Thursday, April 24, 2014

FCC new Net Neutrality rules are around the corner


Over the past few months the new FCC boss Tom Wheeler has been investigating Net Neutrality guidelines and is preparing a draft for an FCC meeting on May 15. Reports indicate that the agency may try the same rules used before, but cite them under a different part of the law. However, groups supporting Net Neutrality worry that the rules won’t hold up in court just like current laws being referenced. The FCC does have the ability to write in some new rules under Section 706 of the Communication Act, which is designed help with the deployment of advanced telecommunications to all Americans. Sources tell the Wall Street Journal that ISP’s won’t be able to block websites outright, but there isn’t a rule in place for interconnection feuds between the ISP and content providers like Netflix.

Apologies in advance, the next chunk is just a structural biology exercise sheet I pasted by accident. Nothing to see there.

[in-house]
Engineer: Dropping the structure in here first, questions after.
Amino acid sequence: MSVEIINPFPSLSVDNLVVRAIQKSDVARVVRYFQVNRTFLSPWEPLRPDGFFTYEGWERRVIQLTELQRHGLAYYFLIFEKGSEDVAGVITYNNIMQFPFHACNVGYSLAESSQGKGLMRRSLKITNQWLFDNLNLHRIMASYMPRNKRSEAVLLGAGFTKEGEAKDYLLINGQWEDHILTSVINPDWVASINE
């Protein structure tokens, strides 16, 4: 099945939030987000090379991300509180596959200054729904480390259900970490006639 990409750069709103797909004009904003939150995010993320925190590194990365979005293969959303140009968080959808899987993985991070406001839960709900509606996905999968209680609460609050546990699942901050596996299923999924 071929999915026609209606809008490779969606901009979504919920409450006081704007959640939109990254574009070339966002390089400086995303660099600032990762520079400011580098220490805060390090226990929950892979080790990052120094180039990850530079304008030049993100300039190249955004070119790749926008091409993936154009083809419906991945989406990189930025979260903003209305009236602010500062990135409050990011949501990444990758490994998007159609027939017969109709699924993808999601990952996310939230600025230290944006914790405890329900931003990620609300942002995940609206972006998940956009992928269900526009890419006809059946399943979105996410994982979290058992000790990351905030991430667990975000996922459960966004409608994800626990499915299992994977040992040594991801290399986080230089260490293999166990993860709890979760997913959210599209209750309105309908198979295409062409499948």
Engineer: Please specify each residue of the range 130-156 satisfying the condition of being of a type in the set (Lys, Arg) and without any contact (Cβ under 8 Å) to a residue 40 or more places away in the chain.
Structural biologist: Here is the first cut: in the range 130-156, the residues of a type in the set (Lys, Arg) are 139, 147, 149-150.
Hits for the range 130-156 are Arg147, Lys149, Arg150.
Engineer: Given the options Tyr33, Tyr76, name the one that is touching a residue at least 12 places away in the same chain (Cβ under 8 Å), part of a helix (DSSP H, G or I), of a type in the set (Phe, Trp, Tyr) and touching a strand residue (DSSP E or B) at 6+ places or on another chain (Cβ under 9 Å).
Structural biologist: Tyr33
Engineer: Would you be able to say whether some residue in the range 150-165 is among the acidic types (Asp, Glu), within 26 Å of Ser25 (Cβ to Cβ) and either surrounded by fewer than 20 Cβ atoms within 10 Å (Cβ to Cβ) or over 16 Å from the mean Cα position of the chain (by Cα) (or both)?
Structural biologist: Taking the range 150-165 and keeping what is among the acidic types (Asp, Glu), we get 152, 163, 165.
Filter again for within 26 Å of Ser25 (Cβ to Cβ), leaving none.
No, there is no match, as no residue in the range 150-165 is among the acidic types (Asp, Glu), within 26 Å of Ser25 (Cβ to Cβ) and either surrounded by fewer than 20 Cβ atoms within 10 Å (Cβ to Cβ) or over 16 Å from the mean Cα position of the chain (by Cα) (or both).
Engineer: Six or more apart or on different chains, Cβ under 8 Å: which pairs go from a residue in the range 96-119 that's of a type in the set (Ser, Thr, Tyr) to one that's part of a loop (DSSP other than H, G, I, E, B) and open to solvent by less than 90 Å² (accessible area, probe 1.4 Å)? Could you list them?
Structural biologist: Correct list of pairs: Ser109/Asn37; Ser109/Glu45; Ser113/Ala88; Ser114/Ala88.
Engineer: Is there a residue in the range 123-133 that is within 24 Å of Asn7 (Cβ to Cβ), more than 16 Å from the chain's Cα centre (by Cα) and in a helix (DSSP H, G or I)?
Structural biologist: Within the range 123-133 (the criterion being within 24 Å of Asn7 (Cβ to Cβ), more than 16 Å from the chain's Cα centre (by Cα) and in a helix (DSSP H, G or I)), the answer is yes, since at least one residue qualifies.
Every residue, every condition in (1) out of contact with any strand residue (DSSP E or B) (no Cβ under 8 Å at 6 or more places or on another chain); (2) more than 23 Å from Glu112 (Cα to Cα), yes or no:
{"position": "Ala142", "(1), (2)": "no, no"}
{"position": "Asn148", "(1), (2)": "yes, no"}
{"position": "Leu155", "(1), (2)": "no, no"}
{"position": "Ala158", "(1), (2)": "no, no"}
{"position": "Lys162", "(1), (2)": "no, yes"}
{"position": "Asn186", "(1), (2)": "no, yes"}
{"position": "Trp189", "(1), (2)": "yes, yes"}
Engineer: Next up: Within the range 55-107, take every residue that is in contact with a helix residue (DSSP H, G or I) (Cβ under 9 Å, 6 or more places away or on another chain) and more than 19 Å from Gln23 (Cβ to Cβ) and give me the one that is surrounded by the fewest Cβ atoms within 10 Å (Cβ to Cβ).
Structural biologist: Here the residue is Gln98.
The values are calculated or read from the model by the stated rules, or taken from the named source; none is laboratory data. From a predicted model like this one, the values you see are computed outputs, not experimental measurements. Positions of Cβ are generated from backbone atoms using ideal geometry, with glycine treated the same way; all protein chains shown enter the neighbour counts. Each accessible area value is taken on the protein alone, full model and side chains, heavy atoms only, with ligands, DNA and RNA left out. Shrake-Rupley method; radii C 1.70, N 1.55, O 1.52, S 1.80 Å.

Unless there are additional rules written for interconnections between content providers and ISP’s consumers could still see a broken Internet unless content providers cough up extra money for priority access. The FCC thinks that it’s okay for traffic preferential treatment as long as other websites aren’t blocked or discriminated against. This view means we could soon see specific content get priority access over other sites making it harder for companies to enter the content space if they can’t pay the transit fees for “preferred access”. Now we must wait until May 15th to see what develops on the new regulations, but it’s clear that we may soon see the Internet move towards a premium TV model where you’ll end up paying more to access various content across the web.